With the introduction of new digital acquisition technologies (from video cameras to sensors) and increasingly sophisticated data analysis tools, the way we handle and save our data is changing. The true value of information will evolve over time. For example, real-time data and historical data can reveal unexpected results. Old video footage can be compiled and digitized from archives to capture a previously insignificant moment in time. For businesses that rely on data to identify trends or repurpose content for monetization, there is a need to keep all of this forever.
The amount of data captured and shared between applications is staggering. In our personal lives it is not unconceivable for an individual to have a hundred thousand or more photos and thousands of home videos (my wife has 151K photos as of this week). While the world has seemingly embraced a streaming model, the desire to accumulate personal data stores has continued to grow as we find ourselves caught in the middle of changing technologies and hoarding content. We are moving from one computing…
|by Jon Gacek|
A federal jury in Seattle recently ruled for Microsoft in a patent dispute with Google’s Motorola Mobility division, closing off a summer in which patents have been a hot topic. The continuing Apple-Samsung battle has attracted a lot of attention, and President Obama’s proposals for cracking down on patent trolls are being followed closely in the technology, legal and VC communities. It’s the issue of patent trolls that I want to focus on here. These are companies that exist solely for the purpose of buying patents and then suing others for infringing on “their” technology. A few months ago, Quantum had a resounding legal victory against a patent troll, and it’s a good example of how absurd these lawsuits can be.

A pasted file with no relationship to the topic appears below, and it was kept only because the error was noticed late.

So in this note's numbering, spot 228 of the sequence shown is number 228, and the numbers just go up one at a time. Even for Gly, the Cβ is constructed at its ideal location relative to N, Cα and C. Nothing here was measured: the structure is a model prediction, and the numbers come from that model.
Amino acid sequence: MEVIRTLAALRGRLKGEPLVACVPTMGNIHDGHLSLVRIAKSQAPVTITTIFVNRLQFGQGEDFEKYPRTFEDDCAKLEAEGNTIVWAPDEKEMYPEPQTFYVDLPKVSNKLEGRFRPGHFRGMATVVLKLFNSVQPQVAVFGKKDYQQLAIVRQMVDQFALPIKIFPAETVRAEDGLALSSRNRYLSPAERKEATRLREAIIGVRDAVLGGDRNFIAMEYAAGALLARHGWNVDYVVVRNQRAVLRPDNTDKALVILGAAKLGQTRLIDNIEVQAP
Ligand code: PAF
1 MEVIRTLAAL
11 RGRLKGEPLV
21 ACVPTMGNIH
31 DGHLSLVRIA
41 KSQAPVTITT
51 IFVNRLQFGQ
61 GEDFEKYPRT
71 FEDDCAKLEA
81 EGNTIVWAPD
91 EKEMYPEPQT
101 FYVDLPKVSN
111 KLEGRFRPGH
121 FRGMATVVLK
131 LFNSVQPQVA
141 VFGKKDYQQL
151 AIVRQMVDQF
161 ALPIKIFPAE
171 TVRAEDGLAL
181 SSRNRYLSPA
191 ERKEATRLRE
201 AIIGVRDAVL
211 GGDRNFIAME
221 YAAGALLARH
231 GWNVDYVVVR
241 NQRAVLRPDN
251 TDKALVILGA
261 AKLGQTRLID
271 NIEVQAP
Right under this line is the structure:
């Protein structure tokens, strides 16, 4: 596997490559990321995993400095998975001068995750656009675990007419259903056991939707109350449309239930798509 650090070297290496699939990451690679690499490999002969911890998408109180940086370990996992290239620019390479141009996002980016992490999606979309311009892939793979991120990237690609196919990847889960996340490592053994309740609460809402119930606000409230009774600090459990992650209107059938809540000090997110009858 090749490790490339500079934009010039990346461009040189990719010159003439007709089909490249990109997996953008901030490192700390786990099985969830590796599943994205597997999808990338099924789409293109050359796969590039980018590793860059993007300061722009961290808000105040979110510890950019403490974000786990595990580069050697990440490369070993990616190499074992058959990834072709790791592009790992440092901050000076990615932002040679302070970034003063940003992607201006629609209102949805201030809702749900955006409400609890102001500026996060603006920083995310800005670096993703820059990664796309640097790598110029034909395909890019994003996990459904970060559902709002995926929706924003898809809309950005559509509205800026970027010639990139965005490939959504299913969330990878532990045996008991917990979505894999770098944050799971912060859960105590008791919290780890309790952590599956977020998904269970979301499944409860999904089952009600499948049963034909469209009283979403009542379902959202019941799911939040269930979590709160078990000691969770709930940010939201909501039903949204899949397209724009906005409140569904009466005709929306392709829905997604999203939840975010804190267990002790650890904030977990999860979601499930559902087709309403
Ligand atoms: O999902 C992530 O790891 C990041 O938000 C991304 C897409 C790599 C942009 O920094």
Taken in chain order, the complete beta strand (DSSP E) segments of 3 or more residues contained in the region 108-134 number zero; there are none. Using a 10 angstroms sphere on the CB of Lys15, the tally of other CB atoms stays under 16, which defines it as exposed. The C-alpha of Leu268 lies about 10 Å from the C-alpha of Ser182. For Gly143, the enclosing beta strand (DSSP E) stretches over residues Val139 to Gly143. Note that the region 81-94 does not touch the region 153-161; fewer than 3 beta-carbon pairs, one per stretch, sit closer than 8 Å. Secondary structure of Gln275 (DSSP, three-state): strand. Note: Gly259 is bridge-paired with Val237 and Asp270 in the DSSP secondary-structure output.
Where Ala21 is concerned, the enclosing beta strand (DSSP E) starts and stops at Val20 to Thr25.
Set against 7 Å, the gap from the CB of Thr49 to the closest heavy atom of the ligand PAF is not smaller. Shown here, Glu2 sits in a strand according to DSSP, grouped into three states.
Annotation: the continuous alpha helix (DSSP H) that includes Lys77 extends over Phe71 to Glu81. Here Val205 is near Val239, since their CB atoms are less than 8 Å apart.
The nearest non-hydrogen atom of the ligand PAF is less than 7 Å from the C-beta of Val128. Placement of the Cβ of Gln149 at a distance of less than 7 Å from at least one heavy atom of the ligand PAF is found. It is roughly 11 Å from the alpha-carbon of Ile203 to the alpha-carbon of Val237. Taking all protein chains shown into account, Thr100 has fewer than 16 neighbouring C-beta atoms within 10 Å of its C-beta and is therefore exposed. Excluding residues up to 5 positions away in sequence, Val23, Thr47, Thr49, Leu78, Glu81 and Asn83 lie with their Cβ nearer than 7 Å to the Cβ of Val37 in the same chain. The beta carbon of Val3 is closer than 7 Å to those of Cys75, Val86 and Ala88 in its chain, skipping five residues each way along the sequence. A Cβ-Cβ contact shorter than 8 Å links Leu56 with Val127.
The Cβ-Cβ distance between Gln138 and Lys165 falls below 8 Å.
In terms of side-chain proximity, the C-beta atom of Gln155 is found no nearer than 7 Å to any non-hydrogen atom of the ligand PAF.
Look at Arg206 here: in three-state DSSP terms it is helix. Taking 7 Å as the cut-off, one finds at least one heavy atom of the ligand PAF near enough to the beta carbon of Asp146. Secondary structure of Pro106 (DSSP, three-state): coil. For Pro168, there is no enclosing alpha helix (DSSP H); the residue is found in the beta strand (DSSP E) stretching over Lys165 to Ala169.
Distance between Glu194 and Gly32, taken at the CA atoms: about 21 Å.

Before I get into that, I want to be clear that I think patent protection is very important. Advances in all kinds of fields are made possible by innovators being able to protect their intellectual property and get a return on their investment. It’s one of the foundations of our knowledge economy, and at Quantum, we understand it well—really well. As a long-time technology leader, we’ve been issued more than 1,000 patents, including the foundational patent for the most…
Being the “Cloud Guy” at Quantum, I get to talk to a wide variety of people about what’s happening in the cloud, from the wildly optimistic visionaries to the skeptics in the wondering, “Is my data really safe?” This week the visionaries got a hard reality check when Nirvanix abruptly announced plans to shut down their cloud service, giving customers and partners just two weeks to find another place for their petabytes of data.
The cloud still offers enormous benefits, but I think the Nirvanix example is a great reminder that not all clouds are created equal and there are key considerations companies need to thoroughly evaluate.
Keep Data On-Site
Data protection best practices, and our recommendation, is to keep a full copy of your data offsite, while at the same time retaining a full copy on premise. The Nirvanix shutdown underscores the importance of retaining a full copy of data on premise. Having an on premise copy provides fast restores that, when combined with an offsite copy, gives full protection for any situation.
Even though the cloud offers many benefits, customers need to continue to keep diversity in their data protection portfolio, and use the right technology,…
Earlier today at IBC in Amsterdam, Quantum announced StorNext 5 Appliances, a new generation for StorNext that delivers dramatic new levels of performance, scalability and flexibility for the industry’s leading file system, tiered storage and archive. Newly engineered from the ground up, StorNext 5 is the result of over two years of development with our team of file system experts—many from the original StorNext team— examining virtually every line of code with the thought: “How can we optimize StorNext for our customers’ modern, evolving workflows?”